On one fateful Wednesday in 1964, some twenty-two-year-old won the exact same Amateur Night contest Fitzgerald won thirty years earlier. That same young man soon earned his place as one of the world’s greatest guitarists that ever lived. Maybe you heard of him? He went by the name of Jimi Hendrix.
Apollo’s Comeback Story
The families of Brecher and Schiffman oversaw everything concerning the theater clean into the late 1970s. At one point, however, the doors closed in January 1976 before the Apollo opened up again in 1978. Unfortunately, it was short-lived as they closed again in November 1979. It would remain closed until 1981, the year Percy Sutton and his Inner City Broadcasting Corporation bought it. He, along with a group of private investors, restored and upgraded this iconic theater. Nowadays, Apollo has its own recording studio and television studio.
What Sutton and his investors did was restore the Apollo Theater back to its former glory, plus modernize it so it could better accommodate the trends of the entertainment industry. In 1983, it was recognized by New York as a city and state landmark. It was also noted that Apollo was Harlem’s oldest theater that was still in business.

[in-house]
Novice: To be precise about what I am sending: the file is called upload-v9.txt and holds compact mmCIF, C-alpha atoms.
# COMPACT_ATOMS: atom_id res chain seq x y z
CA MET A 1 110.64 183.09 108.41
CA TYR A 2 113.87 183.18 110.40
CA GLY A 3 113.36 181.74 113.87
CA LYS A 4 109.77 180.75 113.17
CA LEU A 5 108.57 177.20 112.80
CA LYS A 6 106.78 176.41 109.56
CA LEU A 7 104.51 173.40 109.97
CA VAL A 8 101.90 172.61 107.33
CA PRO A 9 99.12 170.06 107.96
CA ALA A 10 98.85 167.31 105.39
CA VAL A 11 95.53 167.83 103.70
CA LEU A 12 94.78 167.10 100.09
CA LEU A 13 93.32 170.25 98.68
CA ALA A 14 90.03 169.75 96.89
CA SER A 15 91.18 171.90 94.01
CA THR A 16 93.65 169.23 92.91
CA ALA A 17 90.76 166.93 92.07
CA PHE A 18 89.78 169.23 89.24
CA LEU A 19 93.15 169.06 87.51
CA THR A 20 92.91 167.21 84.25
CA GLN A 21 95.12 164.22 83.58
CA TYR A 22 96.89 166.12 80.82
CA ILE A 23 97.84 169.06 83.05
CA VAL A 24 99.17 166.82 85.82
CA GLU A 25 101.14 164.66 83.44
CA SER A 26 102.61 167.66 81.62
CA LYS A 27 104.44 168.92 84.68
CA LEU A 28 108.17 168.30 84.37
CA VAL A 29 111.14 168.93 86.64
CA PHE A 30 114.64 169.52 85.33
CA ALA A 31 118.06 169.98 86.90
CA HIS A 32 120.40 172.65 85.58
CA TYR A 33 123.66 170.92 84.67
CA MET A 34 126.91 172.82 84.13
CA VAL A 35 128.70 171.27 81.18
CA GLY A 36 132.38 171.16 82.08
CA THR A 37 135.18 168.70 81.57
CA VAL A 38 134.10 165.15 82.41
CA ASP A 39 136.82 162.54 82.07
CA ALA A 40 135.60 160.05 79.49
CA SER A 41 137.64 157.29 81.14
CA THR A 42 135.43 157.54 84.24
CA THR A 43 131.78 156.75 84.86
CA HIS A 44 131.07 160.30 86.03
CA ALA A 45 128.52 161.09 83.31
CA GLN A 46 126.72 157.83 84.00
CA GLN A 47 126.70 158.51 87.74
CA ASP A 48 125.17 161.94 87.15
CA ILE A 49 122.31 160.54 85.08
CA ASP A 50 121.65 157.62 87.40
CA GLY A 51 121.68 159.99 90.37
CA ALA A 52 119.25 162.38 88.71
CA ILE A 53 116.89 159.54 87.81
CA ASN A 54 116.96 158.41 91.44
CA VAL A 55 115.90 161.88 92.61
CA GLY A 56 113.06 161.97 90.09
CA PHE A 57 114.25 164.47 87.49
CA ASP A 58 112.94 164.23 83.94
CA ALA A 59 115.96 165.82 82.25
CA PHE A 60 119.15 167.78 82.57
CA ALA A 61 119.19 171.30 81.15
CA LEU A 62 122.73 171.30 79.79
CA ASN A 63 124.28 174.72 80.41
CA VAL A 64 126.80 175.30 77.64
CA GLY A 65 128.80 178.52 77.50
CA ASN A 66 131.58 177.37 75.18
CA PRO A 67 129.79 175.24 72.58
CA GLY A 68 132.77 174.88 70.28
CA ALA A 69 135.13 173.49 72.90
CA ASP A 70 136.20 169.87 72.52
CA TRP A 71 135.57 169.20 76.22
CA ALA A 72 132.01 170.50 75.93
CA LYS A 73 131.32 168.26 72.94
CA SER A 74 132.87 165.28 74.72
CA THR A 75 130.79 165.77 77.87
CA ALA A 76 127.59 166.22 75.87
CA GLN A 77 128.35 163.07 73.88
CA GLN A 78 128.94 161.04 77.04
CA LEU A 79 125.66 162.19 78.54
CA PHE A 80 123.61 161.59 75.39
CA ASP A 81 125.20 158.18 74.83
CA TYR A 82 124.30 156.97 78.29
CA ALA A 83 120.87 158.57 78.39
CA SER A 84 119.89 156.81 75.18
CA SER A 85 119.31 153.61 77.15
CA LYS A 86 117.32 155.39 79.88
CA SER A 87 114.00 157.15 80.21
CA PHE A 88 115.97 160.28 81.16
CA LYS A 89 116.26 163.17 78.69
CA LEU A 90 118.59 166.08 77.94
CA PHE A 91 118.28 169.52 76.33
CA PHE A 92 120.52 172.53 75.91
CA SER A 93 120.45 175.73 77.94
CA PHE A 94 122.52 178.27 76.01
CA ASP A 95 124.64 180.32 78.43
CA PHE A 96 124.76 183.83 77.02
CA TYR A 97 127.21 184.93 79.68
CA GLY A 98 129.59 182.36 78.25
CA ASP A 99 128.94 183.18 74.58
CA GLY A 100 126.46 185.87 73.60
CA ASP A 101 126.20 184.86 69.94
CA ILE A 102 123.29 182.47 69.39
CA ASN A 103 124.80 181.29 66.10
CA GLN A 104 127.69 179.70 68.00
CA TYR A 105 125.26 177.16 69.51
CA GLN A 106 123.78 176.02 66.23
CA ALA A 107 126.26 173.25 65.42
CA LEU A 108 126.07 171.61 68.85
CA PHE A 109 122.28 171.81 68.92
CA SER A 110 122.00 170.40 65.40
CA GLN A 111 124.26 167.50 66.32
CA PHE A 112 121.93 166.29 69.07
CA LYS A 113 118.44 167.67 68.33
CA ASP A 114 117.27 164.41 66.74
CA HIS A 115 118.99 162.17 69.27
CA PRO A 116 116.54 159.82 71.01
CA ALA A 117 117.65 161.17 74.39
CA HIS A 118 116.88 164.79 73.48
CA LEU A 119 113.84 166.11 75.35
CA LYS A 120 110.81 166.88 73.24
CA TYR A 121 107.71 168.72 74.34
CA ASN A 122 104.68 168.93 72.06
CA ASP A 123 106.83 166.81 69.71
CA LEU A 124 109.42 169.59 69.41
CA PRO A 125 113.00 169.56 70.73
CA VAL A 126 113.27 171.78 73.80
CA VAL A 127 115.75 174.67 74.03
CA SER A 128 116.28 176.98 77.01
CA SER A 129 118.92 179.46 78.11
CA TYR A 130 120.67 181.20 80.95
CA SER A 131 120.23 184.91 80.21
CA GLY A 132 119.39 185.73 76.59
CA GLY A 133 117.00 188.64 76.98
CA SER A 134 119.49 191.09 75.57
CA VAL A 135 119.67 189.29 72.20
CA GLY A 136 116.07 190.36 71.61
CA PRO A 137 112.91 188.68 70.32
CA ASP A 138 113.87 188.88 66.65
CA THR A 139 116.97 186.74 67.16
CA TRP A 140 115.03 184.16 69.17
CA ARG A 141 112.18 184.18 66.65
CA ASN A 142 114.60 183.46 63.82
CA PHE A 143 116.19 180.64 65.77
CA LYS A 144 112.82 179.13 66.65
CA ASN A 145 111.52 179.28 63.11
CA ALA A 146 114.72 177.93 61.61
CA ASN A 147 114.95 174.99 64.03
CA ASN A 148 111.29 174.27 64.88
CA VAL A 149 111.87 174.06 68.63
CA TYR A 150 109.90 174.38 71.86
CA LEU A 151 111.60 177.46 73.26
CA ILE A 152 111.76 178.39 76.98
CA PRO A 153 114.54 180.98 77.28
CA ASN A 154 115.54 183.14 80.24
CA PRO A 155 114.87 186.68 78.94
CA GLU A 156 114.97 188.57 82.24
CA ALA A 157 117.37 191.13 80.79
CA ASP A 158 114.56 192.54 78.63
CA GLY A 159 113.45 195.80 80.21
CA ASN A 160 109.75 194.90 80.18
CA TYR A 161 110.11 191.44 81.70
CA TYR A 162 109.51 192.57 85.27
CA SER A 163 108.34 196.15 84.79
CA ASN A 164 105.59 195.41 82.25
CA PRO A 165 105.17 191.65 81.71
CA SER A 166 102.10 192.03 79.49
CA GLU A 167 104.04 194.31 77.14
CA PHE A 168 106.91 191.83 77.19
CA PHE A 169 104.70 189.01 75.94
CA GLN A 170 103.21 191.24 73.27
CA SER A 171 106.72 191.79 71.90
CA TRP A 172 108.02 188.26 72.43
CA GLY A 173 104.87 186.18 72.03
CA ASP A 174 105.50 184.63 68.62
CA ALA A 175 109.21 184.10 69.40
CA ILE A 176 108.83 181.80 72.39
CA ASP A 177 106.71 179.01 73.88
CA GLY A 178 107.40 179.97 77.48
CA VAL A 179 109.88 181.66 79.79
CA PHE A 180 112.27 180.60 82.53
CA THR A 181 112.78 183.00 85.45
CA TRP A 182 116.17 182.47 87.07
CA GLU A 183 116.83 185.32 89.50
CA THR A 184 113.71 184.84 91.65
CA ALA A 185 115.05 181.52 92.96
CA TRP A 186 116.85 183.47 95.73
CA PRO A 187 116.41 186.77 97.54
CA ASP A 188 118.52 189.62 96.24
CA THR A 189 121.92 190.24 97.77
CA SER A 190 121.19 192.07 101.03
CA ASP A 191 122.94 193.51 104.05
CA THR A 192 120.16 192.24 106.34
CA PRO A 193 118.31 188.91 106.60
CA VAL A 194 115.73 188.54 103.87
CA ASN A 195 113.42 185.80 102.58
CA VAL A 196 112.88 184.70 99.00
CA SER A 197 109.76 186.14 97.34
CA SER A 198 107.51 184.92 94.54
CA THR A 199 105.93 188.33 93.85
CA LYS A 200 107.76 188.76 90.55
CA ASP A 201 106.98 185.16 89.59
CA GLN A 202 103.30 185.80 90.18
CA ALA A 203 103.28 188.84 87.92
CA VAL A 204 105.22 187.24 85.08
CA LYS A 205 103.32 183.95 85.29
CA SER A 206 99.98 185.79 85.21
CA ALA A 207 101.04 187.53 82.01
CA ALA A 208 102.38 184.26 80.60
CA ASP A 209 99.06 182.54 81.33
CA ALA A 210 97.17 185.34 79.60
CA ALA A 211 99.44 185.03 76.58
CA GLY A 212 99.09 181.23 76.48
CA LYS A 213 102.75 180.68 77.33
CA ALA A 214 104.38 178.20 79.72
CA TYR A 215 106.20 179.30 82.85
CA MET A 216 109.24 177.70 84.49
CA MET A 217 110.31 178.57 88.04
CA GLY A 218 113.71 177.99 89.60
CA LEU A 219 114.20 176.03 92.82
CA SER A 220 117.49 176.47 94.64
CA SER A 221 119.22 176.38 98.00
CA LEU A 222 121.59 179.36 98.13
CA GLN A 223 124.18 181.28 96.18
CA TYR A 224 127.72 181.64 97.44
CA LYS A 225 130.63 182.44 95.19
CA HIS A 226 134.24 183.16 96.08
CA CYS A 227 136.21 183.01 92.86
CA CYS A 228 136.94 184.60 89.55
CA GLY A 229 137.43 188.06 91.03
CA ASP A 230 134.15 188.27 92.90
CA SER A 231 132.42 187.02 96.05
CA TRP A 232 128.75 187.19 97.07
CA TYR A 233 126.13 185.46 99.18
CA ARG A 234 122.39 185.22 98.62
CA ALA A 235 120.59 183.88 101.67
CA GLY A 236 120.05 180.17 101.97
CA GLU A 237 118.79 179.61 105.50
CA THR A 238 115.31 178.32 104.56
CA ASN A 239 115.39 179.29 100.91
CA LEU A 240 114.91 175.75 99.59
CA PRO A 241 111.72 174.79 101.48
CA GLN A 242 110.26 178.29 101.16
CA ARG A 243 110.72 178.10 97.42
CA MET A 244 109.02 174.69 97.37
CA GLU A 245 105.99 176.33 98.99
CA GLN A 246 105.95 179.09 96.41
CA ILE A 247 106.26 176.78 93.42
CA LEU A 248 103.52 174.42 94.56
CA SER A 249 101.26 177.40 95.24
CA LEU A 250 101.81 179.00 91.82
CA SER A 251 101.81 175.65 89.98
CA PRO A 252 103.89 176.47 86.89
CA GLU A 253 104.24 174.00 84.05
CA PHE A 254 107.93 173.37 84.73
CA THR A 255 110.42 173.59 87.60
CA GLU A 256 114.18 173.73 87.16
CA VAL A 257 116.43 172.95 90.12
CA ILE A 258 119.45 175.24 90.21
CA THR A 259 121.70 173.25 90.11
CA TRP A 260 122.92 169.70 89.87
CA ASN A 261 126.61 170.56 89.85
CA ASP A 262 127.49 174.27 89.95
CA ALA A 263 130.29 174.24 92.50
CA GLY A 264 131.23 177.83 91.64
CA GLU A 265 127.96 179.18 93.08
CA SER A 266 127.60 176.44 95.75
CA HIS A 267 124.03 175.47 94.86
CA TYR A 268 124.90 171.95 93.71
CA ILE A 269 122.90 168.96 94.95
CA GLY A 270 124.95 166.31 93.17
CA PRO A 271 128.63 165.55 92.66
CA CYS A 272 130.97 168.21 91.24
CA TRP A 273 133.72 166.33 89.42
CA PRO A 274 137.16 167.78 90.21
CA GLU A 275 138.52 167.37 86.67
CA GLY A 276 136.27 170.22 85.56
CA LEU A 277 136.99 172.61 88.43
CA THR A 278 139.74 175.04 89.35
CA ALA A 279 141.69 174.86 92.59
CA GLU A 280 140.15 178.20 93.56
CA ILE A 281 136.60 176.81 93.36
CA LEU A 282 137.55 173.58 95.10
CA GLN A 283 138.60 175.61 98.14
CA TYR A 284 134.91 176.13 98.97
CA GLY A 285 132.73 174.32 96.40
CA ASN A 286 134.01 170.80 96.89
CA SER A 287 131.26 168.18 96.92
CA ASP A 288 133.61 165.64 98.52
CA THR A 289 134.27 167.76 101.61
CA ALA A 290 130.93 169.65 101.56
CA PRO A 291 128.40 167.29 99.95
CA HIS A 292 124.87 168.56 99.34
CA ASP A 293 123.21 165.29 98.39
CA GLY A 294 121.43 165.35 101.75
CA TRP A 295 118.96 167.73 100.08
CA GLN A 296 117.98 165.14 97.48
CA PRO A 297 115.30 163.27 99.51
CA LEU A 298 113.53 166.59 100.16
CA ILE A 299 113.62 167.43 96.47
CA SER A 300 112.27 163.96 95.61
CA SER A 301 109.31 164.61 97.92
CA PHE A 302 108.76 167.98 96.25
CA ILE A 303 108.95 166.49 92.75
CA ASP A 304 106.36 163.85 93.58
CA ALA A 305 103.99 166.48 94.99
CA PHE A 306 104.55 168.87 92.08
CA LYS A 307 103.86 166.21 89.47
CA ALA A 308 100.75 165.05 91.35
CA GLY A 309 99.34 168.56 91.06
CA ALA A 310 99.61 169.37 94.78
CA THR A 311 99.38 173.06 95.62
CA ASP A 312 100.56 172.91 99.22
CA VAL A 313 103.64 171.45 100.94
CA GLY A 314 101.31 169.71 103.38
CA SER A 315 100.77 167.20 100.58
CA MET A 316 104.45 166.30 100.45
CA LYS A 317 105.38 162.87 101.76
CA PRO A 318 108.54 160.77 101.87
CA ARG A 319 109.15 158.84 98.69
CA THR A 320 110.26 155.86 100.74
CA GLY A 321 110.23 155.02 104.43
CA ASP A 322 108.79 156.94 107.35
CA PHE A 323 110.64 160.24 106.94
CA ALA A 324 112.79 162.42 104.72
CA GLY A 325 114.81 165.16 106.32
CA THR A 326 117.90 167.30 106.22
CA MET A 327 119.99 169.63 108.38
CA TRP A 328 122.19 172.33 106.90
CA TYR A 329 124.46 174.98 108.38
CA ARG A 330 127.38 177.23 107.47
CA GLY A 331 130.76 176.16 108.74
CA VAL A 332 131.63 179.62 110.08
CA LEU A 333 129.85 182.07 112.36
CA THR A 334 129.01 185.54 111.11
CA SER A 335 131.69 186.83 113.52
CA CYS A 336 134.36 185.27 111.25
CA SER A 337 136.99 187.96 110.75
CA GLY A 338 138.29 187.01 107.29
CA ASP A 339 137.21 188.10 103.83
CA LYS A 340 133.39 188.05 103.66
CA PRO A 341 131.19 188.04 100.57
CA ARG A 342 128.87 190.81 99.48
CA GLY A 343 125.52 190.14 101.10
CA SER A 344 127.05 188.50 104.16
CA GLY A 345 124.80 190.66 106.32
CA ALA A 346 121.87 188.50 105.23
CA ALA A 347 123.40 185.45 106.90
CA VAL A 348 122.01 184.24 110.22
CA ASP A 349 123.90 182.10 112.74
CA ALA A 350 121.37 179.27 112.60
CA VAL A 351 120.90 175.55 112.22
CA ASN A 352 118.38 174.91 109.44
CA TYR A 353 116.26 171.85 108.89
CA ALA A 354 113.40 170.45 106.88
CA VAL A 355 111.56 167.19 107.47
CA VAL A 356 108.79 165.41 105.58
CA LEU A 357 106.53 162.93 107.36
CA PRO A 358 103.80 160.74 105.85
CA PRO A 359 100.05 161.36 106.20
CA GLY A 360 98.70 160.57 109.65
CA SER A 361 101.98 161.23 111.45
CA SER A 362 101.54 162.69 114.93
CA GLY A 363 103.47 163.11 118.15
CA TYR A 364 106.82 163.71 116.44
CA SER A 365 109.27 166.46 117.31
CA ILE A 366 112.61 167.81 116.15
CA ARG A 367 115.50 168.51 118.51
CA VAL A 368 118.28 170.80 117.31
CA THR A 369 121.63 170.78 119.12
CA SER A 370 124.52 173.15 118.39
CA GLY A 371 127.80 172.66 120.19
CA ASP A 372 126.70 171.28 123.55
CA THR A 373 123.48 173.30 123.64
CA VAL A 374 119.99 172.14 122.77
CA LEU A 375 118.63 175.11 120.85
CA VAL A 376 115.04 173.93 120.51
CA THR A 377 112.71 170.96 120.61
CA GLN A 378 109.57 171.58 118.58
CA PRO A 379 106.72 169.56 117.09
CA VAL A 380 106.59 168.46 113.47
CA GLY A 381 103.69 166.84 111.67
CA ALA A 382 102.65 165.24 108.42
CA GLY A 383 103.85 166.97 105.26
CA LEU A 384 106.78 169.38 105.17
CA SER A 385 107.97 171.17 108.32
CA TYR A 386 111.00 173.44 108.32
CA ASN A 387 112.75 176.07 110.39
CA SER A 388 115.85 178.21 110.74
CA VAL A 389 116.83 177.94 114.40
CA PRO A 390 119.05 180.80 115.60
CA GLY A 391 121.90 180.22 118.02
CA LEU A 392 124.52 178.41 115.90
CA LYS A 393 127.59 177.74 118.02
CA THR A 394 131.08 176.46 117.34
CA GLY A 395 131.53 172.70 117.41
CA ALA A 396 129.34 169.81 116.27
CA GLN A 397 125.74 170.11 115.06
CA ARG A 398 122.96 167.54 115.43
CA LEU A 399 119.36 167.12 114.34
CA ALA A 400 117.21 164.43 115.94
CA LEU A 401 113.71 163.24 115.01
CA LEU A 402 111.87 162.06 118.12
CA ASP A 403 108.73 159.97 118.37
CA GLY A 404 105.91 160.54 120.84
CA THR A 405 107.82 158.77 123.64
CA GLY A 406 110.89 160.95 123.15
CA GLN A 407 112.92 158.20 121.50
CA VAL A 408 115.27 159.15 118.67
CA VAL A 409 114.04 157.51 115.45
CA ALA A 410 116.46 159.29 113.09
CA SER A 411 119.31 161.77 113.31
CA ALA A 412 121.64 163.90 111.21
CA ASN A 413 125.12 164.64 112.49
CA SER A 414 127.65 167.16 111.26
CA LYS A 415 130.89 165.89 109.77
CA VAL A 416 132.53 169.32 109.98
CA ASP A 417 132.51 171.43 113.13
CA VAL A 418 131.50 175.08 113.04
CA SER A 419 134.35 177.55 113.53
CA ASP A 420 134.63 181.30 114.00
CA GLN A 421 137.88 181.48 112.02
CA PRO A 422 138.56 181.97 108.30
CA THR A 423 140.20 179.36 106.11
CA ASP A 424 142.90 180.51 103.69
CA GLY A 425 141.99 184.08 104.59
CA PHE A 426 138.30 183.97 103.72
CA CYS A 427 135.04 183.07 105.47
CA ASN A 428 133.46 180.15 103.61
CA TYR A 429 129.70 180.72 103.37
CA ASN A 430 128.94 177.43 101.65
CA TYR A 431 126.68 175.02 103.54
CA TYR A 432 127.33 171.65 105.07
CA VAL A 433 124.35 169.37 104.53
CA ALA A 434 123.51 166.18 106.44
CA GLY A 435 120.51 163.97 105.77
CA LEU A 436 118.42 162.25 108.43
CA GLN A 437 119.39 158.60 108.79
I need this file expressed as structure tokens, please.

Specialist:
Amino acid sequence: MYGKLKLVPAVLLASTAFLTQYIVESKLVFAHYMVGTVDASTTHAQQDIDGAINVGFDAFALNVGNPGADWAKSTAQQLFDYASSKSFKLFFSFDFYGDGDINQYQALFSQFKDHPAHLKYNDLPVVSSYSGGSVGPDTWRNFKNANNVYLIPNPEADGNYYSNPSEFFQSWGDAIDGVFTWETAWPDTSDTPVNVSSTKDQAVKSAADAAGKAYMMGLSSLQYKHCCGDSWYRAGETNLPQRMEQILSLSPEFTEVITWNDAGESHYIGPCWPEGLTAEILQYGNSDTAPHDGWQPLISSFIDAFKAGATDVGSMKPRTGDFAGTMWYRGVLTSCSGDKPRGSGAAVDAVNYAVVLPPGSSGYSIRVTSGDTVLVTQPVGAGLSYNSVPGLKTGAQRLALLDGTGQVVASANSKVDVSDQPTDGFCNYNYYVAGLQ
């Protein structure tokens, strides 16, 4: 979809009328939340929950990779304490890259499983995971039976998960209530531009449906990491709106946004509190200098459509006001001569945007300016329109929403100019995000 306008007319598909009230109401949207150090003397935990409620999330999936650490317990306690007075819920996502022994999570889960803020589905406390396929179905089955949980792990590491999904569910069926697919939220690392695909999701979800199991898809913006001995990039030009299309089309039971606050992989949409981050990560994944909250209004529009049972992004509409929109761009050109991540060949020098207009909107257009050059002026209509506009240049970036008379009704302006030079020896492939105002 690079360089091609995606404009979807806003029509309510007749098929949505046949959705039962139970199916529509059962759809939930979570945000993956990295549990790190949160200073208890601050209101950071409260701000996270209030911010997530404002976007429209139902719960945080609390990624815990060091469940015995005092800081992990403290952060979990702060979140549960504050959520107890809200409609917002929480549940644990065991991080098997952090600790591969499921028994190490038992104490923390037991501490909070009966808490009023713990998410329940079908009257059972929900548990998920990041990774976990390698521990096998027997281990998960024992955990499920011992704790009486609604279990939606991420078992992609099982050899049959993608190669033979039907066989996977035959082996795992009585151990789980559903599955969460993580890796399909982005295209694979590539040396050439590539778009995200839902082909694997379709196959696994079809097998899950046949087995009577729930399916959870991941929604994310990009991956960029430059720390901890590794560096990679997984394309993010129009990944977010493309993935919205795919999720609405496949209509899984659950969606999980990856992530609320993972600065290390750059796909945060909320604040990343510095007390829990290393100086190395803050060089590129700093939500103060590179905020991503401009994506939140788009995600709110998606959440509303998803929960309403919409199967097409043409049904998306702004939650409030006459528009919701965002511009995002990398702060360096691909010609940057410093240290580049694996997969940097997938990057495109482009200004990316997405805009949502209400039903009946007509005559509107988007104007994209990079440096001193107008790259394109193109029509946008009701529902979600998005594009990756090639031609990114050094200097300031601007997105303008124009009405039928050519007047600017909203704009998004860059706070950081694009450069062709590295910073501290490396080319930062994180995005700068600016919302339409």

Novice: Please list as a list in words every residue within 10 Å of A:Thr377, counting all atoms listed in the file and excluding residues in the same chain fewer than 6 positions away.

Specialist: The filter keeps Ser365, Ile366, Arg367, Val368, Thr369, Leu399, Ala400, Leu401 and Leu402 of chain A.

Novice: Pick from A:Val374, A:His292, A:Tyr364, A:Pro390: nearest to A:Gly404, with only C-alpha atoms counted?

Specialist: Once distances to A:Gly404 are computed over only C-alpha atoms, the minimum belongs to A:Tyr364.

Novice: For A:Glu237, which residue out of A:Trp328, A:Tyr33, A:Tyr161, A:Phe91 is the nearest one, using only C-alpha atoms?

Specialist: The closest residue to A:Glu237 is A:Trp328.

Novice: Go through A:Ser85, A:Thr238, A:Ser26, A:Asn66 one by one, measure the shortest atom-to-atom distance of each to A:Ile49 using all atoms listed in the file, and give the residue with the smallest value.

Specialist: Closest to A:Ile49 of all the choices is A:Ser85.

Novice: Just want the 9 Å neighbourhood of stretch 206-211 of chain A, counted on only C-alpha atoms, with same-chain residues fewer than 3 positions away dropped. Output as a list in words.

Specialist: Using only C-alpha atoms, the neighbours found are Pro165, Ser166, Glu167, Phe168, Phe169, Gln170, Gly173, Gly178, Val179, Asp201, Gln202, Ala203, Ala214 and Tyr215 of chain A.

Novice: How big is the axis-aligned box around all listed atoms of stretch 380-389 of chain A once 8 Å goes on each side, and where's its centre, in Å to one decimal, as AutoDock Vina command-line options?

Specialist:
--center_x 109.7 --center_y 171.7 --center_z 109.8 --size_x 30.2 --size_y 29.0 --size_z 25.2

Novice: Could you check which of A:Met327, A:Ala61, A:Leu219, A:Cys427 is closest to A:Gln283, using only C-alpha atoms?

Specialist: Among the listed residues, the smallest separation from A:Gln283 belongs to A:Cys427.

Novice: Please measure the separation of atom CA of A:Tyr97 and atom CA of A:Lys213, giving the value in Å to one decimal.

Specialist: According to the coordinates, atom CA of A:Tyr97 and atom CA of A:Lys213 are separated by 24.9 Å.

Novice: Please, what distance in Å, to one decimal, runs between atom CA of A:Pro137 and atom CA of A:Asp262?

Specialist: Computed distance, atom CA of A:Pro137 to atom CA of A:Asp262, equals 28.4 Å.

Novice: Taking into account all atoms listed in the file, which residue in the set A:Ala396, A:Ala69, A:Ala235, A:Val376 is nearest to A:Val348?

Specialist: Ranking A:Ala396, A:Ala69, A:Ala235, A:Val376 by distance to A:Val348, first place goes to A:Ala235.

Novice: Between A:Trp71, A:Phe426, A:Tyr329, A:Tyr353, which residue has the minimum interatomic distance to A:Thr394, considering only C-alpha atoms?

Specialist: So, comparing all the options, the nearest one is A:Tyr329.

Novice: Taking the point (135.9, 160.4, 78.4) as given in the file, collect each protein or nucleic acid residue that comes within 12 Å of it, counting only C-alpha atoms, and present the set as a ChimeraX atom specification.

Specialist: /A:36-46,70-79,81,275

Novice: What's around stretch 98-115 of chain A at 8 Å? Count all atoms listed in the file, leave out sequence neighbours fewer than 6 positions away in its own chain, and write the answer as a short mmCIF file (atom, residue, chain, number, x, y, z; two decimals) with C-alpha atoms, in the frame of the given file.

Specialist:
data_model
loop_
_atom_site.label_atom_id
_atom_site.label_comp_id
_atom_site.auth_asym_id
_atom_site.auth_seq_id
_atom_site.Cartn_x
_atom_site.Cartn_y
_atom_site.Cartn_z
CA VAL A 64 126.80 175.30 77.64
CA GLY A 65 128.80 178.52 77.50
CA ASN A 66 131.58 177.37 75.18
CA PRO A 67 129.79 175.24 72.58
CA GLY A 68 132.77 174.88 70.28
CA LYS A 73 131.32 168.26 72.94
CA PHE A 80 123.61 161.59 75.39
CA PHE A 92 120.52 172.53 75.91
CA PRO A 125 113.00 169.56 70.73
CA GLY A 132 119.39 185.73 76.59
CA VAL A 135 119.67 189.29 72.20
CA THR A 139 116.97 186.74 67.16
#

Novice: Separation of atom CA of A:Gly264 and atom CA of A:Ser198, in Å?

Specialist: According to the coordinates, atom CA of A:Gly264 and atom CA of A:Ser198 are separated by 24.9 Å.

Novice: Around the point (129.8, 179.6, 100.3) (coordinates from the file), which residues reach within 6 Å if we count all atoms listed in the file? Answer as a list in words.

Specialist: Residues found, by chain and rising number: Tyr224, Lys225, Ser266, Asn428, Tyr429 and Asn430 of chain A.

On May 5, 1985, Motown Salutes the Apollo was a televised broadcast that paid homage to the greats who entertained the audience for more than five decades. That same year marked the return of Amateur Night with the first of its shows starting on Christmas Eve.
Today, this neo-classical landmark has become Apollo’s Historic Theater. Nowadays, it serves as a non-profit venue that hosts concerts and various performances. It’s also a source for community outreach programs, film screenings, and for educational purposes. This began in 1991 when the Apollo Theater Foundation, Inc. was established as a private, not-for-profit organization. Currently, there is a Board of Directors that run this theater. Not only do they have management control over Apollo but Victoria Theater as well.
Harlem’s rich heritage is met with current trends that see the Apollo Theater still remain a pillar of the community. Because of Apollo’s popularity and the rapport it had with the talent that started at this particular theater, many live albums were recorded by some of the biggest names in the business. B.B. King was one of them, as were James Brown, Clyde McPhatter, and Moms Mabley. In fact, B.B. King’s 1991 live album performance at the theater earned him a Best Traditional Blues Grammy Award.
In 2018, U2 played at the Apollo, an experience Bono described as the heart of New York’s musical soul. Now with a ninety-nine-year lease of only one dollar per year, the Apollo Theater Foundation, Inc. has been vigilant in the quest to keep the legacy of Apollo Theater going.